Chinese Football Association ordering club Limit “unreasonable spending” on foreign players in 2017, as well as limit their presence in top teams to support domestic talent. Three years later, in 2020, CSL Order sponsorship to remove their brand from local clubs.

Then money became tight. Beijing’s efforts to limit excessive debt in the real estate sector caused Evergrande difficulties in liquidity crisis. Government agencies take over the company’s football stadium by the end of 2021. (Evergrande defaulted on its foreign debt at the end of this year).

Former Inter Milan owner Suning also had cash difficulties. The group’s shares in Evergrande’s subsidiary immersed in value when the parent company collapsed. E-commerce competitors such as also put pressure on Suning’s core retail business, limiting its ability to fund operations at its domestic club, Jiangsu Suning FC. Club disband first of the 2021 season, shortly after winning its first CSL title.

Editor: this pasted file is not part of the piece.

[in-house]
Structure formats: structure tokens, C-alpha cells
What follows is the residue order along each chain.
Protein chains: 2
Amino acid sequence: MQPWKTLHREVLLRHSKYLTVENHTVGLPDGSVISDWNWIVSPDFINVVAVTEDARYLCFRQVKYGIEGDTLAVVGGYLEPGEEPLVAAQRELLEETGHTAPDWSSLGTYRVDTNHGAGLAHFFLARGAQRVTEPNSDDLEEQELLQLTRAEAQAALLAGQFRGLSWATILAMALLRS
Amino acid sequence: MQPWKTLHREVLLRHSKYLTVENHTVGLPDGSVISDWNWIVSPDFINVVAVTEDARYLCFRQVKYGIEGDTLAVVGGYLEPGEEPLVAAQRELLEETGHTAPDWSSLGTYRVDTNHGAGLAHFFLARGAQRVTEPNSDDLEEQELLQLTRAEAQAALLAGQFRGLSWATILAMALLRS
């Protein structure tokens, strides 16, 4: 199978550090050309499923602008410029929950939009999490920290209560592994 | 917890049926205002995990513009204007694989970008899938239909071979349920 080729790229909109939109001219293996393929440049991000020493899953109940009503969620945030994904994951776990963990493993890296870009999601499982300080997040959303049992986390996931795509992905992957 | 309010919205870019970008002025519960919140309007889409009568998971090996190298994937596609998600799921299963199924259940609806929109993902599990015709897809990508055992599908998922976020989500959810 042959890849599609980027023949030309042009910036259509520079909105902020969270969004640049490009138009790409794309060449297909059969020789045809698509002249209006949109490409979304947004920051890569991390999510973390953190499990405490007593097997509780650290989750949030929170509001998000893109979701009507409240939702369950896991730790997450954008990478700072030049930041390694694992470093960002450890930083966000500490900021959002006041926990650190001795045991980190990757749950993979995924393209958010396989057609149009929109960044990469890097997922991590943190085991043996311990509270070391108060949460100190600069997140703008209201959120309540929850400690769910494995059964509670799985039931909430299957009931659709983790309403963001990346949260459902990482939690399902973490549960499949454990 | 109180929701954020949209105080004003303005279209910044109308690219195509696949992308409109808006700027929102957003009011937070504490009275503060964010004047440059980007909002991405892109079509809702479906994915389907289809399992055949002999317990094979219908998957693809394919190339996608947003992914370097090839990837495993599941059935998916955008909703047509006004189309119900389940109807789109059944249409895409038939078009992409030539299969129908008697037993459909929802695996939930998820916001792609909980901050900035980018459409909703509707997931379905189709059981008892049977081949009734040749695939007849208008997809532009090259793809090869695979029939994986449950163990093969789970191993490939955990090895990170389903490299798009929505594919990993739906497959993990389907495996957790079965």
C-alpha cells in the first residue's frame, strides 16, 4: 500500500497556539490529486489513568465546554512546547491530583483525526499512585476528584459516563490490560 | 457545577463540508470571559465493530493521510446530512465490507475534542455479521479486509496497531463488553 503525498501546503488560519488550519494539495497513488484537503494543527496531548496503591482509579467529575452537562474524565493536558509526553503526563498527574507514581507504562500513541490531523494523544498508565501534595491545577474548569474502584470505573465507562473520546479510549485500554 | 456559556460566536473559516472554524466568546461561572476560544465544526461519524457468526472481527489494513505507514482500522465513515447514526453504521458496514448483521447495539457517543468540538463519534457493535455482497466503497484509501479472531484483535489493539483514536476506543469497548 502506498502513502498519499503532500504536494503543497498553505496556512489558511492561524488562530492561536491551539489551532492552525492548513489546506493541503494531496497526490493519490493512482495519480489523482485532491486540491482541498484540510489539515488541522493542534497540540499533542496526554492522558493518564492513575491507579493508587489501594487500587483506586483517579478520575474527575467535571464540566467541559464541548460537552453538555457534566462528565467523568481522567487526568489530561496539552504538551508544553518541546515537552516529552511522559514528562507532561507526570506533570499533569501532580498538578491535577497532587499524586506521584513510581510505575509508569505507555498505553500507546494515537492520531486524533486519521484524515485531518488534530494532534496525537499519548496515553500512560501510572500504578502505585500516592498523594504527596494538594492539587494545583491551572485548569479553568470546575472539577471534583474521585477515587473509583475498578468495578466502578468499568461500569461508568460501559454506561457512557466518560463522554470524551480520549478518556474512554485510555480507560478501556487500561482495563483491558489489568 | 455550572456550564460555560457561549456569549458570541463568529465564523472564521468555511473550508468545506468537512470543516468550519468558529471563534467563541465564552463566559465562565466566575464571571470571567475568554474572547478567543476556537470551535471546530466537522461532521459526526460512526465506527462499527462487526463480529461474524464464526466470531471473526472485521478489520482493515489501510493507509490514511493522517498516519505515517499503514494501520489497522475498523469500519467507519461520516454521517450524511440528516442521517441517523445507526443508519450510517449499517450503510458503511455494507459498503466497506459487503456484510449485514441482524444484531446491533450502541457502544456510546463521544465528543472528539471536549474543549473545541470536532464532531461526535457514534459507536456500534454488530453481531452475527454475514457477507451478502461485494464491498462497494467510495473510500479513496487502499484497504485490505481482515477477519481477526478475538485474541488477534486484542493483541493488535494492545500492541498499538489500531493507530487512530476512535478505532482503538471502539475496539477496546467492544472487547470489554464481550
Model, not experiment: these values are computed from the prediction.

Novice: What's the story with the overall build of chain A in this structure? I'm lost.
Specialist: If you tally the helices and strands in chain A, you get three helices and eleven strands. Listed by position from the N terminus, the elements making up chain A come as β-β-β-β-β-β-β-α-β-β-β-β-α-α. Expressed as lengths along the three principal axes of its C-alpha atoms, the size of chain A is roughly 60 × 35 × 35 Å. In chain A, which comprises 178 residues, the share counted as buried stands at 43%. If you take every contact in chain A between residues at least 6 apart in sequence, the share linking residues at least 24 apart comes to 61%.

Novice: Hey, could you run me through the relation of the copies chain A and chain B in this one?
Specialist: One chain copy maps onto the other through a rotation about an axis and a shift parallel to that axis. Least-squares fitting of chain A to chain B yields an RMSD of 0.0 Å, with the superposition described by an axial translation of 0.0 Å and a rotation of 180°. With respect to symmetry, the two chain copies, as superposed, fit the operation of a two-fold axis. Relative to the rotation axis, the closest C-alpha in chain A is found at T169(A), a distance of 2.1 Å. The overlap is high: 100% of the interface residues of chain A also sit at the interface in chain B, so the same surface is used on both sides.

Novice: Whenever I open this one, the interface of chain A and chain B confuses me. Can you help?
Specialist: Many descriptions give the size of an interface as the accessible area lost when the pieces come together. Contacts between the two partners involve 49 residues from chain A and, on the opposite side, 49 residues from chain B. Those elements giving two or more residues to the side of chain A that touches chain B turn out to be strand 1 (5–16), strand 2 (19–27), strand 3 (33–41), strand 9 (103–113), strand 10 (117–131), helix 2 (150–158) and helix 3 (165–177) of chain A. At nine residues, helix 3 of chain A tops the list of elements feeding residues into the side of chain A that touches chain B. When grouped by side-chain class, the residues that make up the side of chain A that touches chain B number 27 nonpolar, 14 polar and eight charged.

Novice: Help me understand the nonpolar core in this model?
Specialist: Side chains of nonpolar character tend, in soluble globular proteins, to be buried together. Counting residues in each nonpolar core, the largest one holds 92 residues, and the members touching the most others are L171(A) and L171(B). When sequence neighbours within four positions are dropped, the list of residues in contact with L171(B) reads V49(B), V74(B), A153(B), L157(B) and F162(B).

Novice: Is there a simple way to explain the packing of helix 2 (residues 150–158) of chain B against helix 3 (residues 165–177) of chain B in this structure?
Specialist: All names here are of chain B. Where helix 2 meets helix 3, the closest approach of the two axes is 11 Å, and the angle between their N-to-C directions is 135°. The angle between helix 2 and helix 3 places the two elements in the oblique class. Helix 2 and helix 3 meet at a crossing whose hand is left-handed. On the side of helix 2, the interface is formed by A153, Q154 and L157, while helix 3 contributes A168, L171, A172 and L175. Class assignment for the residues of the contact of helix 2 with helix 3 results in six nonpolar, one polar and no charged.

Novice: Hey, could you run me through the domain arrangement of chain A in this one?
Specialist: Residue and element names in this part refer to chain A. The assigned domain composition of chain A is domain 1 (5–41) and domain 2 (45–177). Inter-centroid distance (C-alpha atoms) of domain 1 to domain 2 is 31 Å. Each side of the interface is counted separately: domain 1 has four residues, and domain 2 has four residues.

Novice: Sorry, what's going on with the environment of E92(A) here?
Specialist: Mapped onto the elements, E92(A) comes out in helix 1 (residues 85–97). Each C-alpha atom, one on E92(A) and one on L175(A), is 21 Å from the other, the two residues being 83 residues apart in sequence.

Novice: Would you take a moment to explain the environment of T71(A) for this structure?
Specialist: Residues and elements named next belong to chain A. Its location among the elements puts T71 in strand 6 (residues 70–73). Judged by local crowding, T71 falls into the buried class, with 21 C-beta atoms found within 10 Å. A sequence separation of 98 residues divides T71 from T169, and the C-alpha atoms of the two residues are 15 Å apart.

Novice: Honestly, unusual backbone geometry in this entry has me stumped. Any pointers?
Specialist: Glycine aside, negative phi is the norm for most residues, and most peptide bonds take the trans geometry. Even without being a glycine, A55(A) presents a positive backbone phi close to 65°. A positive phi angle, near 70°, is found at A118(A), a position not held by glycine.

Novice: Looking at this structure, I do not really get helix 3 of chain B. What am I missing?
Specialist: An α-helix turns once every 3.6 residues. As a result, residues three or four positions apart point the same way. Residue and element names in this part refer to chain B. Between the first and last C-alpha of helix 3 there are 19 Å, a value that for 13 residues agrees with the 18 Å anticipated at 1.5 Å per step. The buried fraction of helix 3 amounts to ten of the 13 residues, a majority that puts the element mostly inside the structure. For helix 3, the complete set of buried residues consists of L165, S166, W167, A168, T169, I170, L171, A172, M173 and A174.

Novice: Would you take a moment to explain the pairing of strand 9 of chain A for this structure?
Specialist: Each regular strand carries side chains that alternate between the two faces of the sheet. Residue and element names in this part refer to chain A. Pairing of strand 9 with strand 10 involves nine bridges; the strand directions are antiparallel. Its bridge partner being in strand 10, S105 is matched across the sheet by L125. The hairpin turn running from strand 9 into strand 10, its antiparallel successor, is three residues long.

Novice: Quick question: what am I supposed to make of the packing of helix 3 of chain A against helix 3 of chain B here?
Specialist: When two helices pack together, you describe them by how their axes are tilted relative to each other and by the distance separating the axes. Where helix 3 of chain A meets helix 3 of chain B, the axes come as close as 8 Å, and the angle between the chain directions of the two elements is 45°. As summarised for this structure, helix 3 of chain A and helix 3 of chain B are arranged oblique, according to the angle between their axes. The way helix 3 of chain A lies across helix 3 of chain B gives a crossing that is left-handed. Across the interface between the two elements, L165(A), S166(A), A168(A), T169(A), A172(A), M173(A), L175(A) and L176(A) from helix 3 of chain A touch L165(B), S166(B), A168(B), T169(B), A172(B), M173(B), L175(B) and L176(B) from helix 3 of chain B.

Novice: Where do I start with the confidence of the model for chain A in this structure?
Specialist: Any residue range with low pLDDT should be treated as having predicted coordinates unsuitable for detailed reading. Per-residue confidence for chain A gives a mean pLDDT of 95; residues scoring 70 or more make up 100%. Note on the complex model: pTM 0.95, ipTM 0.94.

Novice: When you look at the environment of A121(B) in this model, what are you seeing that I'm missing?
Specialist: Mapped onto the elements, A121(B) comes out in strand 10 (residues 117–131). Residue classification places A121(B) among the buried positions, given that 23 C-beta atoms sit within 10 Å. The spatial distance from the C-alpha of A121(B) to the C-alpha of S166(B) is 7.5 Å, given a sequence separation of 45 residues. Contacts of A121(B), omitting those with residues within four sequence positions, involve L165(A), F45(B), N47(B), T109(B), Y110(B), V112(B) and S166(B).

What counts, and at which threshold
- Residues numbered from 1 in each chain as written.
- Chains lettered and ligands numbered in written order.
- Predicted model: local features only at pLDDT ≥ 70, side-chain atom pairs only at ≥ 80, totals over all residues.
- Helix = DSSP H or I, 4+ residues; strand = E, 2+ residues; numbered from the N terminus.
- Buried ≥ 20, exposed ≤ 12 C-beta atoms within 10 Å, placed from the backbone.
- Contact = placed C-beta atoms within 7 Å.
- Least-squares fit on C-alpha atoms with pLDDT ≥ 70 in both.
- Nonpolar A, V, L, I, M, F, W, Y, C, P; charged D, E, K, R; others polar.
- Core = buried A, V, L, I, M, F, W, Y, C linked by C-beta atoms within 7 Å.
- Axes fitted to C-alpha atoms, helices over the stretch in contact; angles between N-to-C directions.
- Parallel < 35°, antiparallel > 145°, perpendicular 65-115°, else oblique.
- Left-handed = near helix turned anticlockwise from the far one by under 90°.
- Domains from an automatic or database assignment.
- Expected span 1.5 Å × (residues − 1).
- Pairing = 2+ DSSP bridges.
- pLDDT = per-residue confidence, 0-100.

Suning’s loss to Inter Milan last week erased the net worth of company founder Zhang Jindong. The one-time billionaire was worth about $6 billion when his company bought Inter Milan in 2016, according to Bloomberg calculate. Now it’s close to zero.

Suning has made a name for itself in the retail industry, selling electronic devices in thousands of brick-and-mortar stores. With revenue of $35.5 billion in fiscal 2020, the Chinese company ranked 328th on the rankings. Luck’Global 500 list 2021.

That was the last time Suning made the list as revenue dropped to $10 billion in 2022.

Who owns clubs in Europe now?

Oaktree, in a statement shortly after taking control of Inter Milan, said it The initial focus will be on ensuring “operational and financial stability”. The company is planning to attract more Italian and European members to the club’s board of directors. (At the time of Oaktree’s takeover, ethnic Chinese made up more than half of Inter Milan’s board, including its chairman.)

America now has a larger presence in world football. Half of the teams in the English National League currently exist some degree American ownership. And Inter Milan now is Saturday club in Italy’s top league is owned by an American company.